But driving with seized brakes can damage the discs and even the wheel hub. In extreme cases, driving with seized brakes could generate enough heat to make them actually catch fire.

Not ideal!

If you’re home, try and move your car back and forth during those times you’re running the engine, so they don’t seize up. Use both the handbrake and foot brake when you do this to keep them active.

If you’re not home, it’s a good idea to check your brakes at the start of your journey. As you pull away, press the footbrake – it should feel sharp, not spongey.

If you notice screeching or scraping sounds, vibration, or an increased distance to slow down then there may be an issue – in which case, you need to take the car to your local dealership.


Looking after your tyres

It’s just as important to test your tyres as it is your brakes.

Over or underinflated tyres can lead to a blowout on the road, which can be scary and dangerous depending on where it happens and if it’s safe to stop.

You can check your tyre pressure before setting off and compare to the manufacturer’s recommendation. In fact, if you’re a responsible driver checking your tyres regularly it’s a good idea to invest in a digital pump so you don’t have to keep topping up at your local supermarket.

(This editor was given one for Christmas by her very practical Dad a few years ago and while not initially excited about it, said pump has proved to be very useful).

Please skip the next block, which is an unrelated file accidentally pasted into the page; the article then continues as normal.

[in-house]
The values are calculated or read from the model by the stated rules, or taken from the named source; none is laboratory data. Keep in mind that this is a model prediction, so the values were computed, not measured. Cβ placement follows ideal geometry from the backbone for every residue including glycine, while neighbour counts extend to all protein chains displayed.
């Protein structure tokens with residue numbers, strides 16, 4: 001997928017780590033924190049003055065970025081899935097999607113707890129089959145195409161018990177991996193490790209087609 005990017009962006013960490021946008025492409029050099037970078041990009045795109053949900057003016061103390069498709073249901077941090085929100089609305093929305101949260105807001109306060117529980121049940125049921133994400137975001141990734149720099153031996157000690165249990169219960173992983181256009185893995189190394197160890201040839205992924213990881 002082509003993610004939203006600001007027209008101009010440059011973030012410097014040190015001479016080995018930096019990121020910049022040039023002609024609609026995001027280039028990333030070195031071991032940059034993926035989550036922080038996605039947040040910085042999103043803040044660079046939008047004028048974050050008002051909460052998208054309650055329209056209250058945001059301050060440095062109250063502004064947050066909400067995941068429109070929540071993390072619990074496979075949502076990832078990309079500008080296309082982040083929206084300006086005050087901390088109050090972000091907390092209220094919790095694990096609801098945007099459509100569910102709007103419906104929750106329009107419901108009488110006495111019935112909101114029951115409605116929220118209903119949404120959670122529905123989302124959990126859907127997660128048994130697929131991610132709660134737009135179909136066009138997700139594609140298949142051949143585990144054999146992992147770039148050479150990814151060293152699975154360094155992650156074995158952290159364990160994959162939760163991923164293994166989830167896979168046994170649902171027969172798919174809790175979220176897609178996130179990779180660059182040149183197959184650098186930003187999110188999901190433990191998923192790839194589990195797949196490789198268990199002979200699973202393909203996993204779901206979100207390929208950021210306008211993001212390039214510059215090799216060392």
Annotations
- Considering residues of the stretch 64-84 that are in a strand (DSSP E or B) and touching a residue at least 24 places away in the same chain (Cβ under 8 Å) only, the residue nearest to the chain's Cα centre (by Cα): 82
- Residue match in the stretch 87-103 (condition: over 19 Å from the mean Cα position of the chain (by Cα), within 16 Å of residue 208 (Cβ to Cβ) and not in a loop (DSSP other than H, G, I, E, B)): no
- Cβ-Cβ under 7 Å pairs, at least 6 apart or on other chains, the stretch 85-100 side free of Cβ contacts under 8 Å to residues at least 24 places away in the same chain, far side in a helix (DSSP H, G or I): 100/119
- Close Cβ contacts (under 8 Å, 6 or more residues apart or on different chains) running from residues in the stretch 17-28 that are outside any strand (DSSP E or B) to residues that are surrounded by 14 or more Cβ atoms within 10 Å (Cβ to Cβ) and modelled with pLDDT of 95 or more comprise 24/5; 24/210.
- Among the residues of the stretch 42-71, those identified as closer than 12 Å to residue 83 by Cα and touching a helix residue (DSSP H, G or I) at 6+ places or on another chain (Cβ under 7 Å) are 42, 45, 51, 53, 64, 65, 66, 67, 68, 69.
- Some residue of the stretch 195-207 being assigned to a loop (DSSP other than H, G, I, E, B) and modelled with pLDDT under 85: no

They’re small, easy to use and relatively inexpensive.

Don’t forget to look at the tread depth and any general wear and tear too. Worn tyres are dangerous and will need replacing; if you’ve taken out a maintenance package then you may already have the cost of tyre repair or replacement covered by your lease.


Safe storage

If you’re leaving your car unattended and undriven for longer than a month, there are some additional things you can do to look after it.

First, consider giving it a thorough clean and polish – especially if it will be parked outside and exposed to the elements. It’s important to look after the paintwork yes, but a thorough clean of the inside should stop any unwanted guests from setting up shop.

If you keep your car in a garage, keep the car dry and well-ventilated to prevent mould and mildew from setting in. It may also be a good idea to keep your car off the street if you can, especially in the winter. Animals and wildlife are known to shelter from the elements in stationary cars.

It’s important to protect your lease car from the elements, as your funder will inspect it at the end of your lease and can charge you for any damage in excess of fair wear and tear.

You can check the BVRLA Fair Wear and Tear Guide to see what counts as a reasonable allowance before you hand your car back. We would recommend you refer to it throughout your lease to best look after your car.

A happy family heads out on a car journey

 Taking your car back on the road

If your car has been stationary for a while – and especially if you haven’t followed any of the above guidance – there are things you’ll need to check before you start the engine and head out on the road.

First, check your MOT status. Brand-new cars don’t require an MOT until 3 years after the date of its registration, so if you’ve had your lease car for longer than that, you’ll need to make sure it’s got a valid MOT certificate before you drive anywhere.

Assuming your car is roadworthy, you’ll need to check things like fluid (coolant, windscreen washer, engine oil), tyre pressure and brakes. Make sure nothing is nesting under the bonnet or in the wheel arch too; when it’s cold, cats are known to curl up in those little pockets of space for warmth.